OWN THE GREY

Limiting Beliefs Be Gone!

March 01, 2024 Debra Jones RM with Debbie Weiss Season 3 Episode 68
OWN THE GREY
Limiting Beliefs Be Gone!
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Show Notes Transcript

🔔✨ Discover the extraordinary in the ordinary! 🤩 In this captivating episode, we dive deep into identifying and conquering your self-imposed limitations, challenging the status quo, and embracing a "Maybe I CAN!" mindset! 🚀 Join me, Debra Jones, and first-time author Debbie Weiss as we explore stepping out of your comfort zone, tapping into personal growth, and transforming your life! 🌟

Debbie's website
Morning Sprinkle of Goodness journal
On Second Thought ... Maybe I Can book


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Debra Jones: Welcome to Own the Grey, a podcast to dispel the notion that aging is undesirable and setting new positive attitudes. I'm Debra Jones and I believe you can be vibrant and healthy throughout the best years of your life. Debbie Weiss is an author, coach, speaker, and podcaster. In her new book, “On second thought … maybe I can” is available on Amazon, and she's the host of the maybe I can podcast. It's an appropriate title because she stopped saying I can't and replaced it with maybe I can - and that little tweak has changed her life. Debbie overcame her limiting beliefs and is now following her passion by helping and inspiring others to do the same. I'm excited to have you share your wisdom on Own the Grey Debbie, welcome to the show.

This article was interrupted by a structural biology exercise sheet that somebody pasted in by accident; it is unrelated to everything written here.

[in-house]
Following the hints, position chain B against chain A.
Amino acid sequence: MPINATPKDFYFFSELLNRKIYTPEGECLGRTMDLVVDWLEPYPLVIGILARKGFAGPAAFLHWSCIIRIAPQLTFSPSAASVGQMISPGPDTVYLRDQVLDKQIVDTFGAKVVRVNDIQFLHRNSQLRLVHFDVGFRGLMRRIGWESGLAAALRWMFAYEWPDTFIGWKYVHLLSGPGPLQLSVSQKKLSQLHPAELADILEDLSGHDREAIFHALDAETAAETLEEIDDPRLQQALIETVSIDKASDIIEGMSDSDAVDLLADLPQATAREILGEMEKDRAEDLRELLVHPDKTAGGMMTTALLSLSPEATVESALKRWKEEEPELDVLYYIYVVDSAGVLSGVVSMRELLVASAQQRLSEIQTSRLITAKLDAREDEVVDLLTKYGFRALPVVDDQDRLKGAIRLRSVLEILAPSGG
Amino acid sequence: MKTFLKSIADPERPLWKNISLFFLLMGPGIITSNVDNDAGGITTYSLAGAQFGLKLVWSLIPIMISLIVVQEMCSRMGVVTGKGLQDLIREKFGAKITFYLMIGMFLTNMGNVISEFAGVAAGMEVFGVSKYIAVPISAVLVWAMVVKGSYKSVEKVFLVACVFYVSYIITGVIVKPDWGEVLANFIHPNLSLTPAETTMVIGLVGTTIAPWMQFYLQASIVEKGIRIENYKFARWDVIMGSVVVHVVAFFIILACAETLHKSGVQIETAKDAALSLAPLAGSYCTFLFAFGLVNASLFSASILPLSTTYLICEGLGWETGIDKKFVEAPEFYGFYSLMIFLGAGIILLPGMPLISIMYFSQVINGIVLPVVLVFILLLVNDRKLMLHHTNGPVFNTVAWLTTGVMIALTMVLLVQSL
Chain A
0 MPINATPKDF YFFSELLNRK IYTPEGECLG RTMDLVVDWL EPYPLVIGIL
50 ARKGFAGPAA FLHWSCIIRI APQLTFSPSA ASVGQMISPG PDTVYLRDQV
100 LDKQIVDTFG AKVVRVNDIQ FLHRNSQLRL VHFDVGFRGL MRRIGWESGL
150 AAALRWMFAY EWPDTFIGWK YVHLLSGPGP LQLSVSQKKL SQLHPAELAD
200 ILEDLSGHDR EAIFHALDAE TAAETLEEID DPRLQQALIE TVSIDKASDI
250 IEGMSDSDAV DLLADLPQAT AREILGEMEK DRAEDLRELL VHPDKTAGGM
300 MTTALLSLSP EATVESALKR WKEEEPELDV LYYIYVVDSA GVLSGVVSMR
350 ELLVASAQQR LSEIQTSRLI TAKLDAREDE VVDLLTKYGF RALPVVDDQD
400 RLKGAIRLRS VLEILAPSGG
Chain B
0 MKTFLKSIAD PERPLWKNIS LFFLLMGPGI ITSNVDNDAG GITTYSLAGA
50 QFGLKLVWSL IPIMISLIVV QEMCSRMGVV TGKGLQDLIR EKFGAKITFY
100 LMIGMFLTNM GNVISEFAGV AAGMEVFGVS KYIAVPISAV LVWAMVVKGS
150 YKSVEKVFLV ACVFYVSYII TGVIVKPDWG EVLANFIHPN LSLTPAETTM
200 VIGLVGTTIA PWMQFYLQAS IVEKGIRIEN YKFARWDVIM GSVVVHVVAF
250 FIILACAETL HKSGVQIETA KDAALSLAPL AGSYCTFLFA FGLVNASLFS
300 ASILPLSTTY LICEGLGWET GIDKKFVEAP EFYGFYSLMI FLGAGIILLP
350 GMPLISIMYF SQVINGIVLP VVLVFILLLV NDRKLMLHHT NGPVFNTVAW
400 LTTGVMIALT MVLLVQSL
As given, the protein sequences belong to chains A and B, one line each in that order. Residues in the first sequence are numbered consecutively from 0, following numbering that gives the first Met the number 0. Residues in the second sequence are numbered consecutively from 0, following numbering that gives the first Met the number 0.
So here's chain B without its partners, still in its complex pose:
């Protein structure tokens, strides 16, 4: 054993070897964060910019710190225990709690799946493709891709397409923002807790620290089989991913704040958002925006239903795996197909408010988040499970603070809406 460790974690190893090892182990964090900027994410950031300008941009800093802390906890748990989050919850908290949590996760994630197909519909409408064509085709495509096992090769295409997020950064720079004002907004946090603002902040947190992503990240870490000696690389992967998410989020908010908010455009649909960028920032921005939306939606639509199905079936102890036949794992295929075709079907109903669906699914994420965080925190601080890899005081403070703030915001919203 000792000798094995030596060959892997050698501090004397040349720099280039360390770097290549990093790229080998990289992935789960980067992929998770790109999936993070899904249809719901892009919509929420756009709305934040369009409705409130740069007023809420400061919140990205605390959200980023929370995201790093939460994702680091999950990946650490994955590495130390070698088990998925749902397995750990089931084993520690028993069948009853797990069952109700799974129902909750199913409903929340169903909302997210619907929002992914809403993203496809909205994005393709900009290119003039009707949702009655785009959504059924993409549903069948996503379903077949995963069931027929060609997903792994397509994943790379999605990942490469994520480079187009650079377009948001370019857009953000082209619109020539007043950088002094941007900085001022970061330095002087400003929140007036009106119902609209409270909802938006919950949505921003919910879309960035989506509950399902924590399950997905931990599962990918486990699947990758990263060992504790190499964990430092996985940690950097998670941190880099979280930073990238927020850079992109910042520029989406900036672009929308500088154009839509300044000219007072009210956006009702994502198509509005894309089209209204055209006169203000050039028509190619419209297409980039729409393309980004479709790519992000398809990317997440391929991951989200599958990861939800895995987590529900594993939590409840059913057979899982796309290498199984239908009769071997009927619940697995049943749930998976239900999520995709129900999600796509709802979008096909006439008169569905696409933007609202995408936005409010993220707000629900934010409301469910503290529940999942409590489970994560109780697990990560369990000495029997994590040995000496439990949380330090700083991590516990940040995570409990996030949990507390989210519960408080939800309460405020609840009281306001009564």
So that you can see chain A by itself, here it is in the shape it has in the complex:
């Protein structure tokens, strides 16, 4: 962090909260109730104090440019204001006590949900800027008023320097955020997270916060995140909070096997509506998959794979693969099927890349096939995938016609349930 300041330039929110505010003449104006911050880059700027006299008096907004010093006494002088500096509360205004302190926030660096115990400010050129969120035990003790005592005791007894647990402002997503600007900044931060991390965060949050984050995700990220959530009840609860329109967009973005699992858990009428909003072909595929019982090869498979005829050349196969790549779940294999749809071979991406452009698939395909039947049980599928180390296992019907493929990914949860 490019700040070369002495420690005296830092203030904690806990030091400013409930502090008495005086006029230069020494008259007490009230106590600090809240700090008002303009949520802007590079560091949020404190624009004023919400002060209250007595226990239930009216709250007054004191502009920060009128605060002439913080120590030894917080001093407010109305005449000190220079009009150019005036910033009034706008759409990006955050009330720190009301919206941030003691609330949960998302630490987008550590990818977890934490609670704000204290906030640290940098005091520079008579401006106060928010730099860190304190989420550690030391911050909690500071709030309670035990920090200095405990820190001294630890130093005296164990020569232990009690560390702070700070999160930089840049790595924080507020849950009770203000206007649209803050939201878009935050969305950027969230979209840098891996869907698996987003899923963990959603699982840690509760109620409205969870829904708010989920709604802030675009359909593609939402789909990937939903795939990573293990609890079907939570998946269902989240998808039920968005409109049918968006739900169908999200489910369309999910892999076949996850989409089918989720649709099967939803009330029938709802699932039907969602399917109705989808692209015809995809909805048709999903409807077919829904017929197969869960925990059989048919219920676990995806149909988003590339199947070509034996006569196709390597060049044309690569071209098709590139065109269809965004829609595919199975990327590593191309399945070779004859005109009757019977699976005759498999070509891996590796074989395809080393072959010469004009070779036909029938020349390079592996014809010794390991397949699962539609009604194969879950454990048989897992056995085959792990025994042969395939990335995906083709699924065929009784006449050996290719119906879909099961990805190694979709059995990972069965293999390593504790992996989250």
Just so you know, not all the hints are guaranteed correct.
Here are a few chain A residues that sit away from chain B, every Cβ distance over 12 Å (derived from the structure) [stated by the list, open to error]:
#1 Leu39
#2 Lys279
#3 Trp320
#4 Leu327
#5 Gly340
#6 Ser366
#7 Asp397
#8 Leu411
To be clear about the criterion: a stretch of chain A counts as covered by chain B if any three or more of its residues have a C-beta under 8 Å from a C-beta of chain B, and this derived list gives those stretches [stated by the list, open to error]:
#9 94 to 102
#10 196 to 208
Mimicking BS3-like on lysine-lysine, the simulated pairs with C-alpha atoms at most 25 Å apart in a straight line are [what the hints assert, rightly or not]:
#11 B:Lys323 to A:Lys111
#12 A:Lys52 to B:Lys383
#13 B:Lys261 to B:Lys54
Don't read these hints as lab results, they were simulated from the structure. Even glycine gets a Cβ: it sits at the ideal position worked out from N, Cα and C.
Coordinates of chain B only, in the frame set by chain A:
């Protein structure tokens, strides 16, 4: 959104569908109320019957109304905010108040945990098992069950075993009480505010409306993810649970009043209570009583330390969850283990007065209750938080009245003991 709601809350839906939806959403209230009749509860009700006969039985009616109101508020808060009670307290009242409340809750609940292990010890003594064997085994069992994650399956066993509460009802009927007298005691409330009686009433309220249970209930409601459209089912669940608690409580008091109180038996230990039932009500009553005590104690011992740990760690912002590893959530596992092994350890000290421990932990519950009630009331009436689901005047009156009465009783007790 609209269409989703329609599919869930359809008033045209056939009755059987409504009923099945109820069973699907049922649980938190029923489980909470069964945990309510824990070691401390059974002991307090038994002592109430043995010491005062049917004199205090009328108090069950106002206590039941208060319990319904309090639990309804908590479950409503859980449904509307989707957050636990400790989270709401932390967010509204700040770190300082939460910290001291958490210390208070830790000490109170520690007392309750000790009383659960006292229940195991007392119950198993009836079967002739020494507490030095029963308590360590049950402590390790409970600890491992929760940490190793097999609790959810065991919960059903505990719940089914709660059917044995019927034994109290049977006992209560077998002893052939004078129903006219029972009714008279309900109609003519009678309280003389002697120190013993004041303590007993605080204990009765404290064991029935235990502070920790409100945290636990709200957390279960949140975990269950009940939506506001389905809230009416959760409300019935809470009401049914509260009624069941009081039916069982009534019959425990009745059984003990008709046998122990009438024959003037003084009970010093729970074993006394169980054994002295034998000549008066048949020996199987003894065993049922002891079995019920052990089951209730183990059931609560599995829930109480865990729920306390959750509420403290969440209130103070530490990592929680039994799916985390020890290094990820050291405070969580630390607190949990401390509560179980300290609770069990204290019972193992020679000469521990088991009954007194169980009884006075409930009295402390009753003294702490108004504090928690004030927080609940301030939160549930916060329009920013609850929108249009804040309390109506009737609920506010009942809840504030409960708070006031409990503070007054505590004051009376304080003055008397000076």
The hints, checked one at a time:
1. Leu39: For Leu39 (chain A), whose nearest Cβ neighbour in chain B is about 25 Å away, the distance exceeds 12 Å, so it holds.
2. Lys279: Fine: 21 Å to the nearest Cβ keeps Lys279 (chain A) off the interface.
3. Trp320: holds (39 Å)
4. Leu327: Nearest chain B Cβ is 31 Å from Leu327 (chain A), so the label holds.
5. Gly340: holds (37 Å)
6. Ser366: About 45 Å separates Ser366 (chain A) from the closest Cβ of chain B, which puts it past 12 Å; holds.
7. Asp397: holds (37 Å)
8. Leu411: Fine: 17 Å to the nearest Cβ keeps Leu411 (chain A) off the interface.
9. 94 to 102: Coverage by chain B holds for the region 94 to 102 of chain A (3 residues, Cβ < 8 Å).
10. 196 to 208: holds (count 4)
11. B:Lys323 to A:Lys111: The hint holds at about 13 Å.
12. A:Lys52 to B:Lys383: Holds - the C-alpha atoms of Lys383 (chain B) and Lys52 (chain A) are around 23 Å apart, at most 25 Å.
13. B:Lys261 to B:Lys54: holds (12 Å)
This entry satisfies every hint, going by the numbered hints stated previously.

Debbie Weiss: Oh, Debra, thank you so much for having me. I'm thrilled to be here.

Debra Jones: In your book, you tell the story of how you overcame obstacles. What kind of obstacles were in your way?

Debbie Weiss: Well, I would say the biggest obstacle was myself, but I didn't really realize that for about the first 50 years of my life. My obstacles, I thought, were all my life circumstances. I have been a caregiver for over 45 years to family members. First to my dad, who had a stroke when I was 17 years old. He was only 45. He was permanently disabled, and my parents were divorced. And he lived for 30 years, thankfully. But for those 30 years, I was his caregiver. And then I had infertility struggles and so many other struggles that really so many of us have. But I was comparing myself to everybody else, thinking, why me? And is there all this is in life? My oldest son was diagnosed on the autistic spectrum and then with mental illness. My husband had physical and mental illness challenges and unfortunately was diagnosed with a terminal cancer out of the blue and passed away after six months. So one thing after another, and I just kept saying, why is this happening to me? And this is my life. I feel like I'm just sleepwalking through it and I have no control over anything that happens. And then I had an epiphany around 50 and said, that's not really true. I do have control, and that's when my life started to change.